Winter Kayaking Safety Precautions


When winter sets in and water turns ice cold, many kayakers store their kayaks and hang up their paddling gear until spring. Of course, it is quite hard for anyone to get motivated to go kayaking in cold water but with proper gear, winter kayaking can be enjoyable just like any other season.

However, this is one of the most dangerous seasons to go hitting the waters. You not only risk being hit by a shifting pack ice but also ice covering your kayak. Not only that. Your hands may get numb from the cold weather such that you are not able to paddle to the shore, so you end up being stuck in the middle of the ocean.

But all this can be prevented by following proper winter kayaking safety precautions. Therefore, before you ditch your ‘yak, take a look at what we have here. Who knows, you might end up paddling the entire season! So, let’s get busy.

1. Choose Your Location Wisely

…and with safety in mind. Kayaking down the stream to your favorite duck hunting spot may be a cakewalk during summer. But this location could pose myriad safety problems during winter and would be the last place you want to be paddling.

How easily can you get back to your kayak if it capsizes? How fast can you get to the dry land if something goes wrong in the middle of your paddling?

To be safe, avoid locations that are potentially dangerous. Those steep river bends and places far from the shore are risky and should be avoided at all costs.

2. Don’t Go Alone

Whether you will be kayaking in a nearby river or in the pacific, always bring a buddy along. Maybe you make these trips alone during summer but this time round it would be wise to ask your friend to come with you for your safety.  A kayak flip that was just a small inconvenience in summer could be an immediate death sentence in winter.

Even the most skilled kayakers don’t go paddling alone at this time. The weather is harsh enough for anyone to assume that they would be safe out there. So just bring a friend or two.

3. Dress For The Day

Invest in the most appropriate clothing for this trip. You will be spending the best part of your day exposed to cold weather so that bikini or beach short you wore while kayaking last summer will be a fat NO.

You need to keep yourself warm and dry to survive this trip. Just because you think you won’t be required to swim, it doesn’t mean you should leave that dry suit behind. You might get wet from rain or splash, so be prepared with the right clothing and you will have an enjoyable outing.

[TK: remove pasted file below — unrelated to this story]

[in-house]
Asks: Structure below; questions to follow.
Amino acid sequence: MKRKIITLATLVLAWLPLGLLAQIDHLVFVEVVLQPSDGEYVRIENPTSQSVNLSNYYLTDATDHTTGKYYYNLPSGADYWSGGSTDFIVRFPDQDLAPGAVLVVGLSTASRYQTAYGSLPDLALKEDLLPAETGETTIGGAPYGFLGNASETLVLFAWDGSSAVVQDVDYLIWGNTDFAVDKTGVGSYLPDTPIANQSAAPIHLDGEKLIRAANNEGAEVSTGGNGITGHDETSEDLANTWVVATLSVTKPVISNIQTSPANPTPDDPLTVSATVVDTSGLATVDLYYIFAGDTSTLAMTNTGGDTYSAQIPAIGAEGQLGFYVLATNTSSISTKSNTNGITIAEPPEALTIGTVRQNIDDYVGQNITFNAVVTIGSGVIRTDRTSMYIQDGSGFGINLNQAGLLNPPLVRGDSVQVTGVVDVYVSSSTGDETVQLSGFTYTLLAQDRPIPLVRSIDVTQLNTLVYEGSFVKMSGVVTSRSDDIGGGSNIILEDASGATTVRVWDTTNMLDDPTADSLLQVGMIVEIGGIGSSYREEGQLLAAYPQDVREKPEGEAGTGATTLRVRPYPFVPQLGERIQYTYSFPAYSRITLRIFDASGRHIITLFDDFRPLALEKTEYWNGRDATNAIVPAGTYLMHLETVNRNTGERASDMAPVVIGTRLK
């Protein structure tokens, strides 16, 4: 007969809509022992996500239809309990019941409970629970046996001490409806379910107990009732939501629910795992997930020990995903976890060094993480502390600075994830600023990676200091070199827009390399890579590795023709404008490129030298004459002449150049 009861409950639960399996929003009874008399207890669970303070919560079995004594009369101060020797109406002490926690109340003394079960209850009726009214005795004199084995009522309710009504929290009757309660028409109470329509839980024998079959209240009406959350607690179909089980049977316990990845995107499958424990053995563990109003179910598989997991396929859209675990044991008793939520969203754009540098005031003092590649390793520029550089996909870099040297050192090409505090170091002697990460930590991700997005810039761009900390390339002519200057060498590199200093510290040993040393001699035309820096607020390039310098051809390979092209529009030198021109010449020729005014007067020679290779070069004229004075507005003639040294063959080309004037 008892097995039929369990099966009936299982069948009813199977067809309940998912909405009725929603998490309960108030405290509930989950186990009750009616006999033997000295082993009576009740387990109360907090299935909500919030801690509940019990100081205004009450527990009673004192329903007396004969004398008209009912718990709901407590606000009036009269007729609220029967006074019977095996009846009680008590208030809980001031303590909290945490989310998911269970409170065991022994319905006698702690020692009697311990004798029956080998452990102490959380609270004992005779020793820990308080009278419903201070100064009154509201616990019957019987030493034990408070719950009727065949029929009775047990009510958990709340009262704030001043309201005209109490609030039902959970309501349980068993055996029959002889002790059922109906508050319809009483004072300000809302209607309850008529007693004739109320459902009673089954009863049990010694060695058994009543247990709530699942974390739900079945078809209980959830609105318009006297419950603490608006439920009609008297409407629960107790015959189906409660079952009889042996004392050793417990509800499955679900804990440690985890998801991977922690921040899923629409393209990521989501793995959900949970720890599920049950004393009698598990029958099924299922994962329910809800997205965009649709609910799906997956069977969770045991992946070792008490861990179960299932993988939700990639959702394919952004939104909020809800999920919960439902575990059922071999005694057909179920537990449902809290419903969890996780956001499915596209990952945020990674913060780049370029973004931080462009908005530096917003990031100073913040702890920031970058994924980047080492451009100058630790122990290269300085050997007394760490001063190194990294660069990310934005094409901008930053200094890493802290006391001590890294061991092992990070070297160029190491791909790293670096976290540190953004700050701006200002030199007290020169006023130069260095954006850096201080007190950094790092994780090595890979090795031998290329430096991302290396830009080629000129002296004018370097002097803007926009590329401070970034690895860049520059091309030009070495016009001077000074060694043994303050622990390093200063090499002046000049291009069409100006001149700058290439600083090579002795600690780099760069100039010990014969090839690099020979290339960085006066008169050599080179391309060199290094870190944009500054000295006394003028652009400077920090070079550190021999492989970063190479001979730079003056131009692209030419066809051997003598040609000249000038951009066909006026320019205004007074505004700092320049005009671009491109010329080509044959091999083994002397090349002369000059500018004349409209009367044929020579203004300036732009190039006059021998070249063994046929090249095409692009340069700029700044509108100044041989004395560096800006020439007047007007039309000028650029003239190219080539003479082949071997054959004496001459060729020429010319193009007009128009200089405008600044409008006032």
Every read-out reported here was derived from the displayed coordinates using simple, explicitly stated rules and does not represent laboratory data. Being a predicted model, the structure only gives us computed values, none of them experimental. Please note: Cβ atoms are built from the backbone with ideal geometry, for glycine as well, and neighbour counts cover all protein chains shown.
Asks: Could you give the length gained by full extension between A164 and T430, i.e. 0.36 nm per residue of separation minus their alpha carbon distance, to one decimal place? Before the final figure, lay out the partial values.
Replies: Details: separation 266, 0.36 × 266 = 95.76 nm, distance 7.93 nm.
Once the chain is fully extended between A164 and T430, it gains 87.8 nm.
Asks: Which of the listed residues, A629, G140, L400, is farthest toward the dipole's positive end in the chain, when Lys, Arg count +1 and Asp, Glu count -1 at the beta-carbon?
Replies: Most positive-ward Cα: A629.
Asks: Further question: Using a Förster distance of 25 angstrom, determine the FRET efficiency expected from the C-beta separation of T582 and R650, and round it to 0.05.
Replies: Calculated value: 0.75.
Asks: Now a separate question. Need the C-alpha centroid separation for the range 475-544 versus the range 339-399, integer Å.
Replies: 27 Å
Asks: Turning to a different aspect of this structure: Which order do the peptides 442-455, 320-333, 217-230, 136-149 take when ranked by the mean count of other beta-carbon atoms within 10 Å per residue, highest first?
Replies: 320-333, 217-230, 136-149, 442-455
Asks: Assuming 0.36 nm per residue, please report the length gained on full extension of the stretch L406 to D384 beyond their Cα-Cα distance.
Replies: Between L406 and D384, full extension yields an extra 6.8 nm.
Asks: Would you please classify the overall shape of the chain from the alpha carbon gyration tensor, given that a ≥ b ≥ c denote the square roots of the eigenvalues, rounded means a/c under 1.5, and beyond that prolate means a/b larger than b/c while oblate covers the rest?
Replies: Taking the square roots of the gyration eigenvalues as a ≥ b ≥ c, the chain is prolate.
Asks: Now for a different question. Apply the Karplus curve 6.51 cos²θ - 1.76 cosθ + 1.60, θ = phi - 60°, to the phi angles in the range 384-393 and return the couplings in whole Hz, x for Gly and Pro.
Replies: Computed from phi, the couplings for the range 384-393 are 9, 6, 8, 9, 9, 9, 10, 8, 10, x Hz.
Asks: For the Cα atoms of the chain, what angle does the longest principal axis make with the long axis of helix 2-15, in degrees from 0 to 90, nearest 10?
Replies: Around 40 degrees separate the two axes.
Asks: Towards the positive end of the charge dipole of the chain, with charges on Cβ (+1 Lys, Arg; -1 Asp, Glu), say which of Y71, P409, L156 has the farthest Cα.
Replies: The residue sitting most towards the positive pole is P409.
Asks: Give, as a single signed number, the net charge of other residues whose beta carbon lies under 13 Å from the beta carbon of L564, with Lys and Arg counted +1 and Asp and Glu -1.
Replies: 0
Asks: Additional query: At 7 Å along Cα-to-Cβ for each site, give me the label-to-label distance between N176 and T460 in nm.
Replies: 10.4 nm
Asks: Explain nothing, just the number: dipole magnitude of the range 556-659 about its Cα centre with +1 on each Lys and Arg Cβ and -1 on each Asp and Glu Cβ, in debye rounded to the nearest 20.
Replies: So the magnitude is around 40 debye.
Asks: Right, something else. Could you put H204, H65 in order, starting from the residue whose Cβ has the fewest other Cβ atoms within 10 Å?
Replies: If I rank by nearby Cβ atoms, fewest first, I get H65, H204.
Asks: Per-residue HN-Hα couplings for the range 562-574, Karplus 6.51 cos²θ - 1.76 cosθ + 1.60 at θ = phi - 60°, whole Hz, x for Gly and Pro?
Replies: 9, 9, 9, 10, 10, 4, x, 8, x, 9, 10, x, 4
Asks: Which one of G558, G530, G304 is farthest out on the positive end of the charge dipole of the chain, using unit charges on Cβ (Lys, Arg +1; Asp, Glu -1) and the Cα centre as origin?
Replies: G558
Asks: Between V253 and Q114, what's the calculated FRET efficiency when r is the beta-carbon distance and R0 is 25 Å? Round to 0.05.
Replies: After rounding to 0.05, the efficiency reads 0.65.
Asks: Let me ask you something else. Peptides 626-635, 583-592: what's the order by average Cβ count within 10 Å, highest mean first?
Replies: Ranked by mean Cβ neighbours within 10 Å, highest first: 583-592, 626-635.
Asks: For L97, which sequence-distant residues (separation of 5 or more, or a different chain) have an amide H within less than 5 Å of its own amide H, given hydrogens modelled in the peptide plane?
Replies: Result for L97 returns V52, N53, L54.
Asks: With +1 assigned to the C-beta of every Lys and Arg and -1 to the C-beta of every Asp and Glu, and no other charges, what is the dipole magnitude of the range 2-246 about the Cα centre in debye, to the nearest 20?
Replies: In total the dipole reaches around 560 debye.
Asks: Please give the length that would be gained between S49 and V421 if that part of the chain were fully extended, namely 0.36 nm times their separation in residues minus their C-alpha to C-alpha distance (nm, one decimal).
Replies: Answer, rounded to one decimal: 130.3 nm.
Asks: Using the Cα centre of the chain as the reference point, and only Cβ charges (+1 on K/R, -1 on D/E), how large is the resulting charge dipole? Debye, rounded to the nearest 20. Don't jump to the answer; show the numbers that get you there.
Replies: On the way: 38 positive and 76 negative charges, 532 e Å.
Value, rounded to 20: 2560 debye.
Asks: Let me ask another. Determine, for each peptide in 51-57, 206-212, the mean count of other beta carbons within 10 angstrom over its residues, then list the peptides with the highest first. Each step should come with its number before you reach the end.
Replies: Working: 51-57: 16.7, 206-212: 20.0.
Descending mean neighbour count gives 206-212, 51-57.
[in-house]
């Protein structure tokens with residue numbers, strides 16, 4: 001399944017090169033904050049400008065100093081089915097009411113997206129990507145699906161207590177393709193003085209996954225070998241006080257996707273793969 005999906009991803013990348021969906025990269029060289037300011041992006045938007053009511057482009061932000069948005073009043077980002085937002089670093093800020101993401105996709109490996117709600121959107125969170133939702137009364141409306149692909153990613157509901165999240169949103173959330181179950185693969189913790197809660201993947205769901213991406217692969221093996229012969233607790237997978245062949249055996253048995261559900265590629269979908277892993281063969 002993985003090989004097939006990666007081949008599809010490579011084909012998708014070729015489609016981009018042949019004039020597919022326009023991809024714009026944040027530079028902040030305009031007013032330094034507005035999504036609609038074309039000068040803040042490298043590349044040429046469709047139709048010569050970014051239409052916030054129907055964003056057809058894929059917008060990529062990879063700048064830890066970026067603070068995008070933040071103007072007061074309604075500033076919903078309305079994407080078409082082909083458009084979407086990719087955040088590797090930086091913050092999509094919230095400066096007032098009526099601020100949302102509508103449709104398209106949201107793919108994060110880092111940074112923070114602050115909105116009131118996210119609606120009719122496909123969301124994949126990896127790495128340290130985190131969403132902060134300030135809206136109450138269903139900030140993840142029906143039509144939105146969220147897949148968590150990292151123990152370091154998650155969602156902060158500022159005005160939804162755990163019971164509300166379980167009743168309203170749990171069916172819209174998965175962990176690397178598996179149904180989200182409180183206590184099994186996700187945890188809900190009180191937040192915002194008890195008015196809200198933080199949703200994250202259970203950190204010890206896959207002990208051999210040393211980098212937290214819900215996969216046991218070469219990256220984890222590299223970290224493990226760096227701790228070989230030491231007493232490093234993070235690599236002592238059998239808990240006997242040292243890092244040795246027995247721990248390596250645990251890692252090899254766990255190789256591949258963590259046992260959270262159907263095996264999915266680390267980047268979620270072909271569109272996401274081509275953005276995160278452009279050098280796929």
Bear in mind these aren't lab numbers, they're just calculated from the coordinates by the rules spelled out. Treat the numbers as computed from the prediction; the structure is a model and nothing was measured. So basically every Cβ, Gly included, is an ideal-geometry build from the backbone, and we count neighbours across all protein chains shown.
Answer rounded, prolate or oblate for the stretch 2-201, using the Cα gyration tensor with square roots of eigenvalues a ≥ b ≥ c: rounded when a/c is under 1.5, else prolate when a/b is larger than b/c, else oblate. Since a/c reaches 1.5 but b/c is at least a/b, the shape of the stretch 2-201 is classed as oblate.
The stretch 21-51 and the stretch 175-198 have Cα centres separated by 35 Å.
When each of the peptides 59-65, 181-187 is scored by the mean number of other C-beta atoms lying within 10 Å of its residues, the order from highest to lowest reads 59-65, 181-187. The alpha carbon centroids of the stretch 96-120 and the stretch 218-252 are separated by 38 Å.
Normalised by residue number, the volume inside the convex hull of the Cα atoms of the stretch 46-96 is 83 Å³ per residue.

Talking of right clothing, layering is kayakers’ best friend during winter starting with a warm inner layer and a waterproof outer layer that keeps you dry. Neoprene socks and neoprene water boots will also go a long way in keeping your feet warm.

How about your head? You need to cover it up too. A nice fleece toque will get the job done.

Don’t forget your paddling gloves too. Your hands will be doing the heavy lifting for you and if they get numb while in the middle of the ocean you might not be able to paddle back to the shore. So cover them up!

4. Bring Proper Safety Gear


The most important and easy-to-get piece of safety gear is your buddy. This might be the most neglected piece of “equipment” but tell you what, your chances of staying safe on this trip are much higher when you have someone to watch your back.

But this doesn’t mean that we are ruling out the rest of the items that keep you safe during the ride. Absolutely not! Things like a cell phone and a GPS are both great for communication and navigation.

You also need a first aid kit to treat wounds, cuts, and scrapes. Extra clothes will be a great idea too especially if your trip will be taking more than a day. Also bring an extra paddle and emergency blanket just in case…

But of what good will this safety gear be if it is all soaked with water? Well, the whole reason you need to invest in a dry bag! Put every essential item in the bag so that it can remain dry even if it rains or your kayak tips.

5. Stay Energized

Its cold weather and you are not sweating, so you don’t need to keep drinking water, right? Wrong! Just like kayaking in hot weather, you need to stay hydrated. Remember you will be using so much energy to paddle thus you need to keep your body hydrated and energized all the time. Now you understand why this is an important part of winter kayaking safety precautions, right? Great!